Nor is there merit in appellants' contention that the court erred in refusing to instruct the jury that the Florida gambling statutes do not apply to pari-mutuel wagering. There was no evidence suggesting that the gambling operation of appellants fell within the requested instruction. The instructions given were proper and adequate.
Evidentiary and Procedural Rulings
Disclosure of Confidential Informants
Appellant Alfonso contends that the court erred in denying his motion for disclosure of the identity of four confidential informants. He relies primarily on Roviaro v. United States, 353 U.S. 53, 62, 77 S.Ct. 623, 628, 1 L.Ed.2d 639 (1957), where the Court held: "Where the disclosure of an informant's identity, or of the contents of his communications, is relevant to the defense of an accused, or is essential to a fair determination of a cause, the privilege must give way." The Court continued:
"We believe that no fixed rule with respect to disclosure is justifiable. The problem is one that calls for balancing the public interest in protecting the flow of information against the individual's right to prepare his defense. Whether a proper balance renders nondisclosure erroneous must depend on the particular circumstance of each case, taking into consideration the crime charged, the possible defenses, the possible significance of the informer's testimony, and other relevant factors." 353 U.S. at 60, 61-62, 77 S.Ct. at 628. See also McCray v. Illinois, 386 U.S. 300, 310-312, 87 S.Ct. 1056, 18 L.Ed.2d 62 (1967).
Under the circumstances of this case, disclosure was not required. There is no evidence that the informants had participated in the activities for which Alfonso was charged or that evidence described by the informants was introduced at the trial. Nor is there any evidence that the informants implicated Alfonso. The district court did not err in denying Alfonso's motion for disclosure of the identity of the informants.
Agent Harker's Testimony
Philip Harker, who was qualified as an expert in bookmaking and gambling, testified with respect to the meaning of gambling jargon contained in intercepted telephone conversations and the role of the appellants in the gambling operation. Appellants argue that this testimony wrongly invaded ultimate issues of fact to be determined by the jury. By reason of the cryptic nature of the recorded conversations, often framed in jargon peculiar to the gambling trade, it was appropriate to present expert testimony to supply meaning to the conversations and explain the roles of the appellants. See United States v. Cirillo, 499 F.2d 872, 881 (2 Cir. 1974), cert. denied, 419 U.S. 1056, 95 S.Ct. 638, 42 L.Ed.2d 653 (1974).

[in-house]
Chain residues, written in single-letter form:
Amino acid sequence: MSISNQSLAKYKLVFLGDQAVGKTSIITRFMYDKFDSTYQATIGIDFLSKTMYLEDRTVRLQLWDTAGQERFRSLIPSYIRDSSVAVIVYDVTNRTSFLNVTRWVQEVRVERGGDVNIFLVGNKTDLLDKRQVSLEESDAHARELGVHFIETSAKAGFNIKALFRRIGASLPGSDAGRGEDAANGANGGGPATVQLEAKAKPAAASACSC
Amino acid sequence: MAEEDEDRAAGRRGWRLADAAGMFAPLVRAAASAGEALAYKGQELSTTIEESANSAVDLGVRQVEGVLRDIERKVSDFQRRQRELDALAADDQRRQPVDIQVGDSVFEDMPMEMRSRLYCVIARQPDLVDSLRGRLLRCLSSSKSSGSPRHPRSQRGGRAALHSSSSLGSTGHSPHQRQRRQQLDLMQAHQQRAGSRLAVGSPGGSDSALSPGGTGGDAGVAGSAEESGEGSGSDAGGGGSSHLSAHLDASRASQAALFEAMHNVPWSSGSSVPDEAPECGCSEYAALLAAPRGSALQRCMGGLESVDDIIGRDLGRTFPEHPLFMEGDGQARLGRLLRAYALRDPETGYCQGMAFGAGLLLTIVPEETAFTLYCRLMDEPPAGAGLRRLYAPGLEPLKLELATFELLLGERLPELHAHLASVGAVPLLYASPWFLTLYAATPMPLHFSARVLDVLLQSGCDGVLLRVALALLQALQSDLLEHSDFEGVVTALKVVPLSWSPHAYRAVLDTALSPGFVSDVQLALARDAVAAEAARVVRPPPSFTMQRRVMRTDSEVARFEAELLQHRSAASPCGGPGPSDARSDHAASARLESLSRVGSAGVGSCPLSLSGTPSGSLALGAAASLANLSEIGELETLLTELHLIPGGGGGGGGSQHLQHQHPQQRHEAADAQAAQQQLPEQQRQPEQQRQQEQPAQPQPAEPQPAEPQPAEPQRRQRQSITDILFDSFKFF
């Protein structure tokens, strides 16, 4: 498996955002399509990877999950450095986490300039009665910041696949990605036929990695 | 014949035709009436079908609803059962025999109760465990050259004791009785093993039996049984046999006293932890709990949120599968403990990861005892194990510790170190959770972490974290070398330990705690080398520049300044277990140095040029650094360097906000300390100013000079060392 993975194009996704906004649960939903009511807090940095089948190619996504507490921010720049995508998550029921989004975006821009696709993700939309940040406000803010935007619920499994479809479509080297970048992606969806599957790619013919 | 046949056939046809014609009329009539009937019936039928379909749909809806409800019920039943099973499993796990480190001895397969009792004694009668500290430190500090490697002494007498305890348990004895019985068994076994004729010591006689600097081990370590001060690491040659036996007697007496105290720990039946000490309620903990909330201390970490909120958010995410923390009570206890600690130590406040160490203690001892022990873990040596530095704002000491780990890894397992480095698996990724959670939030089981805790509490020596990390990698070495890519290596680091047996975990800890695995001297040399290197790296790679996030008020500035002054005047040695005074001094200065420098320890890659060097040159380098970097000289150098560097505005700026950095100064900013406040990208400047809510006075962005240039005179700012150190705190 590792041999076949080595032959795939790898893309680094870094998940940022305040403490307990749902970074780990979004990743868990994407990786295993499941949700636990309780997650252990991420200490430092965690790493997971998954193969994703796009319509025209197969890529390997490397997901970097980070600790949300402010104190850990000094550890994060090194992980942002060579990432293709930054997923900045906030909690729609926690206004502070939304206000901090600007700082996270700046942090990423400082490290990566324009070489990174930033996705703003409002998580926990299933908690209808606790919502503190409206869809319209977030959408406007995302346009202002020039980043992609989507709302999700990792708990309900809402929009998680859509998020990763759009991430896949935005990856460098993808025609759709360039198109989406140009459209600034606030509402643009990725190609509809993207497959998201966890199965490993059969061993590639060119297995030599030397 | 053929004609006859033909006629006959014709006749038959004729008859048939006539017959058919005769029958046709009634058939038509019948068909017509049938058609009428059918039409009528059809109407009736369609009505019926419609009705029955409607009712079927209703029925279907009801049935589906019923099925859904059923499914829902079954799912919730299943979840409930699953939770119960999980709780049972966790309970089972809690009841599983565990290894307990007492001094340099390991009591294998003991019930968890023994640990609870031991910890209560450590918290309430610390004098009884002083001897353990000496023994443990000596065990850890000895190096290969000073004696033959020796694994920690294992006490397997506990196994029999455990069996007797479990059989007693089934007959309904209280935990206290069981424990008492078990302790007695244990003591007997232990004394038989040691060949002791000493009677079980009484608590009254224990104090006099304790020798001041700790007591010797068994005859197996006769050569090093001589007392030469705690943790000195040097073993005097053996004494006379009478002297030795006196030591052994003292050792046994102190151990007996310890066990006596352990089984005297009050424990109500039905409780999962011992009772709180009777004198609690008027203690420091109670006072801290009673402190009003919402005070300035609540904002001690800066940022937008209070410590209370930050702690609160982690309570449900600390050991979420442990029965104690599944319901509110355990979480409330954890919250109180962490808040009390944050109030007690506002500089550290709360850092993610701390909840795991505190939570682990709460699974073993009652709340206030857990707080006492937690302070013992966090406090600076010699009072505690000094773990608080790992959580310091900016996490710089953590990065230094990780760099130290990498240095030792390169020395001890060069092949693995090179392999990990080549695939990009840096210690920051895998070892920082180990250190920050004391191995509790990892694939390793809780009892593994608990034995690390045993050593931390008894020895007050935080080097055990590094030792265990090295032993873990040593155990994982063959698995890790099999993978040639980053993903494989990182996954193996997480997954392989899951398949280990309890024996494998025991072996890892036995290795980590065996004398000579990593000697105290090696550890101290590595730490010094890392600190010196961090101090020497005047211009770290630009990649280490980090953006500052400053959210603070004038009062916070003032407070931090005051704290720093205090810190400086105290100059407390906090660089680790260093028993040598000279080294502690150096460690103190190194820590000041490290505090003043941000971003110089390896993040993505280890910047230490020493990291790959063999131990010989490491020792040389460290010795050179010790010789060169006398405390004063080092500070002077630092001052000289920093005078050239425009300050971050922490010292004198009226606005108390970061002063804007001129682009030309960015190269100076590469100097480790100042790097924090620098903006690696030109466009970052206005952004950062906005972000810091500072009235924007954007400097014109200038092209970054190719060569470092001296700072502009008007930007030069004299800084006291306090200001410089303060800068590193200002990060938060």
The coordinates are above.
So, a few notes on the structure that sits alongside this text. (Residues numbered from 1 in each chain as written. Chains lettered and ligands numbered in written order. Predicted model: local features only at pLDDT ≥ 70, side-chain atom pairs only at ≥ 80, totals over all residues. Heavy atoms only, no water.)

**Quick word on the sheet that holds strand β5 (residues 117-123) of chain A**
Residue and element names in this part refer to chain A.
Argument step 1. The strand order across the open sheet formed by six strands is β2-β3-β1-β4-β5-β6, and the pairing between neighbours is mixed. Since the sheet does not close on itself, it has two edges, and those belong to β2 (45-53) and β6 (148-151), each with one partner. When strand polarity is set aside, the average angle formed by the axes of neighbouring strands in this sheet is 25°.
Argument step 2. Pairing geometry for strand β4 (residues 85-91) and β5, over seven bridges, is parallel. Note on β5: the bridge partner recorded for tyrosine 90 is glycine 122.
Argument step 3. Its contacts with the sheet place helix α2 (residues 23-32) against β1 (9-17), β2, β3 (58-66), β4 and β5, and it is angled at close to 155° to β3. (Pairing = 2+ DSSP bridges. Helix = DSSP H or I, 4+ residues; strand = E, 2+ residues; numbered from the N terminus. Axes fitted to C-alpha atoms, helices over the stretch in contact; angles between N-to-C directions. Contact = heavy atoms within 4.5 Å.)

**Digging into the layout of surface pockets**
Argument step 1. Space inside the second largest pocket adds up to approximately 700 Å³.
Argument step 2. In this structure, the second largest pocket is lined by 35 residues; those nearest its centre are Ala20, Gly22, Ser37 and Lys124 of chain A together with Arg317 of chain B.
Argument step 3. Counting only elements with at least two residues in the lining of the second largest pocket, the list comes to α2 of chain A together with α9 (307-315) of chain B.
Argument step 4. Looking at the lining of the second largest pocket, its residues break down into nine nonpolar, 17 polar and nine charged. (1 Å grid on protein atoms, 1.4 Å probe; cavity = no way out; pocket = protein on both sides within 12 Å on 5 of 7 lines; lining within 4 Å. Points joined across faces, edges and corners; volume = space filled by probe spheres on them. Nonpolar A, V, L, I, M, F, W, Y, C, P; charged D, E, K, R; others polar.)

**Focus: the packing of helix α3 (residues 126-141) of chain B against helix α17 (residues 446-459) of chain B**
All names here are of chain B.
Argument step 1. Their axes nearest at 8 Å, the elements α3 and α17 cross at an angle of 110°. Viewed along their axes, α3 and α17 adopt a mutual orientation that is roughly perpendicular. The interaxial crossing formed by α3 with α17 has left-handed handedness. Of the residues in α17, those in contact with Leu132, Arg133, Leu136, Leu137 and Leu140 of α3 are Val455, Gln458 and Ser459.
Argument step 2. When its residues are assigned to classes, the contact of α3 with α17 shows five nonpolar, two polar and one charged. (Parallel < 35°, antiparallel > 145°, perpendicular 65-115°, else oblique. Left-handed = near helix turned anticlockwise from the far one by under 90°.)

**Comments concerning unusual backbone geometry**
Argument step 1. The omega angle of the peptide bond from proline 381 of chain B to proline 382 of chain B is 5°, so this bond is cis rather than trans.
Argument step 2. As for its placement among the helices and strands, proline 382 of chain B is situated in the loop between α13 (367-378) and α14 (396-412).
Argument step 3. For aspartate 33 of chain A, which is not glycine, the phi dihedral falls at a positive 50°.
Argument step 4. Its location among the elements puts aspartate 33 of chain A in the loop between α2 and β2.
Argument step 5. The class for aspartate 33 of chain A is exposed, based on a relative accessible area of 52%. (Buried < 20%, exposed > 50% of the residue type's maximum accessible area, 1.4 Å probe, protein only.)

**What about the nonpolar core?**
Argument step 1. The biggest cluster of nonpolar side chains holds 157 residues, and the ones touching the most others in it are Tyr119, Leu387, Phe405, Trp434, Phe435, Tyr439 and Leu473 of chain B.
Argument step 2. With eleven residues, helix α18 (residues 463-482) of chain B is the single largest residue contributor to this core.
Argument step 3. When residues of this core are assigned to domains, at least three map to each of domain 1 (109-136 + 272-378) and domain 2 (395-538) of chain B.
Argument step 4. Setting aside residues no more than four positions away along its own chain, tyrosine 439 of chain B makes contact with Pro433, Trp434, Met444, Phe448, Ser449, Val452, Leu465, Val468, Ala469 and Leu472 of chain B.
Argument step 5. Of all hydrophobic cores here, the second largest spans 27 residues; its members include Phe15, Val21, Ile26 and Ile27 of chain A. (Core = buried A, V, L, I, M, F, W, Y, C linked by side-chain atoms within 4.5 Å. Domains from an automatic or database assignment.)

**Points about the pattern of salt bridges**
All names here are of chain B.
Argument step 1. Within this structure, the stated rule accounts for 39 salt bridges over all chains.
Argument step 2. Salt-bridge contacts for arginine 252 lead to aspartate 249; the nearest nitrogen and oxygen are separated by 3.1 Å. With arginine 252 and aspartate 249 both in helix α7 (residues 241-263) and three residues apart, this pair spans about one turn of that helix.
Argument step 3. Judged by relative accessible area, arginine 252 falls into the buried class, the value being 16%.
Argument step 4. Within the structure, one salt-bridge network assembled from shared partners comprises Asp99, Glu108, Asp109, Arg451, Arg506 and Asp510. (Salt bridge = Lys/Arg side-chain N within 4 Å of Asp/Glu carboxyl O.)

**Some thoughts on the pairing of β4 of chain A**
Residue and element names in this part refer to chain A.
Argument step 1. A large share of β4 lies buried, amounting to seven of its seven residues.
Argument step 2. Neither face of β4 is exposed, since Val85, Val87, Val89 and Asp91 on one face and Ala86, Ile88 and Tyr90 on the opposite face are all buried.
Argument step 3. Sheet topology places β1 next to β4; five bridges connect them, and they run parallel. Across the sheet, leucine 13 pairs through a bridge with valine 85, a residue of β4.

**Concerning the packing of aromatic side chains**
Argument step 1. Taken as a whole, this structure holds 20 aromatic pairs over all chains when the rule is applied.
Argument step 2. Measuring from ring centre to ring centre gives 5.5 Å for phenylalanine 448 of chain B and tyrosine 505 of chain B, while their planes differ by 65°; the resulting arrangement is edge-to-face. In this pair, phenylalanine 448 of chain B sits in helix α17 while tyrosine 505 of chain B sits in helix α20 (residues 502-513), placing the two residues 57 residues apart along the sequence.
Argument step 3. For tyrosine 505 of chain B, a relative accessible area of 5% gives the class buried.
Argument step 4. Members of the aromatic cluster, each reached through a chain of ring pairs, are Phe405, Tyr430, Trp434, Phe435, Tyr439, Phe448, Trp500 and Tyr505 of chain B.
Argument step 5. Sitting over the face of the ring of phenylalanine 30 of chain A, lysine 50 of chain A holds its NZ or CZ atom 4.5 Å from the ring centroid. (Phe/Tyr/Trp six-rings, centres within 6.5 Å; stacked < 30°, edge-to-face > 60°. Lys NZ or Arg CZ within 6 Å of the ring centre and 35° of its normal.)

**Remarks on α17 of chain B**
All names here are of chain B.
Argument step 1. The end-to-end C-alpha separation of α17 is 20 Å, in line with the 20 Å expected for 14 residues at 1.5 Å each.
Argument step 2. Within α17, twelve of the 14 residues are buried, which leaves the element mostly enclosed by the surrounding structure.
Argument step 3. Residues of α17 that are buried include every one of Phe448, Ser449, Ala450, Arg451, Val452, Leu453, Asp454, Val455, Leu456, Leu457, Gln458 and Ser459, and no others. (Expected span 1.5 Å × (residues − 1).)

The second superseding indictment referred to appellants by their proper names, as well as by aliases used by appellants to identify each other in the taped telephone conversations. Appellants argue that the use of the aliases in the indictment invaded the jury's province of identification of the voices on the tape. The aliases were extensively used in the intercepted conversations, and there was ample testimony to identify the appellants with the various aliases. Under these circumstances the court did not err in denying appellants' motion to strike the aliases. See United States v. Skolek, 474 F.2d 582, 586 (10 Cir. 1973); United States v. Miranda, 494 F.2d 783, 788 (5 Cir. 1974).
Rereading Evidence to Jury
After beginning its deliberations, the jury requested the court to replay the taped conversations of Trafficante and Figueredo. To prevent the jury from "ferreting out of context" certain evidence, the court ordered the tapes to be replayed for the jury together with the rereading, from the court reporter's notes, of testimony of witnesses relating to the matters discussed on the tapes. Appellants contend that they were prejudiced by the rereading of the evidence, both because of its excessive length13 and because the evidence which was reread was slanted in favor of the Government.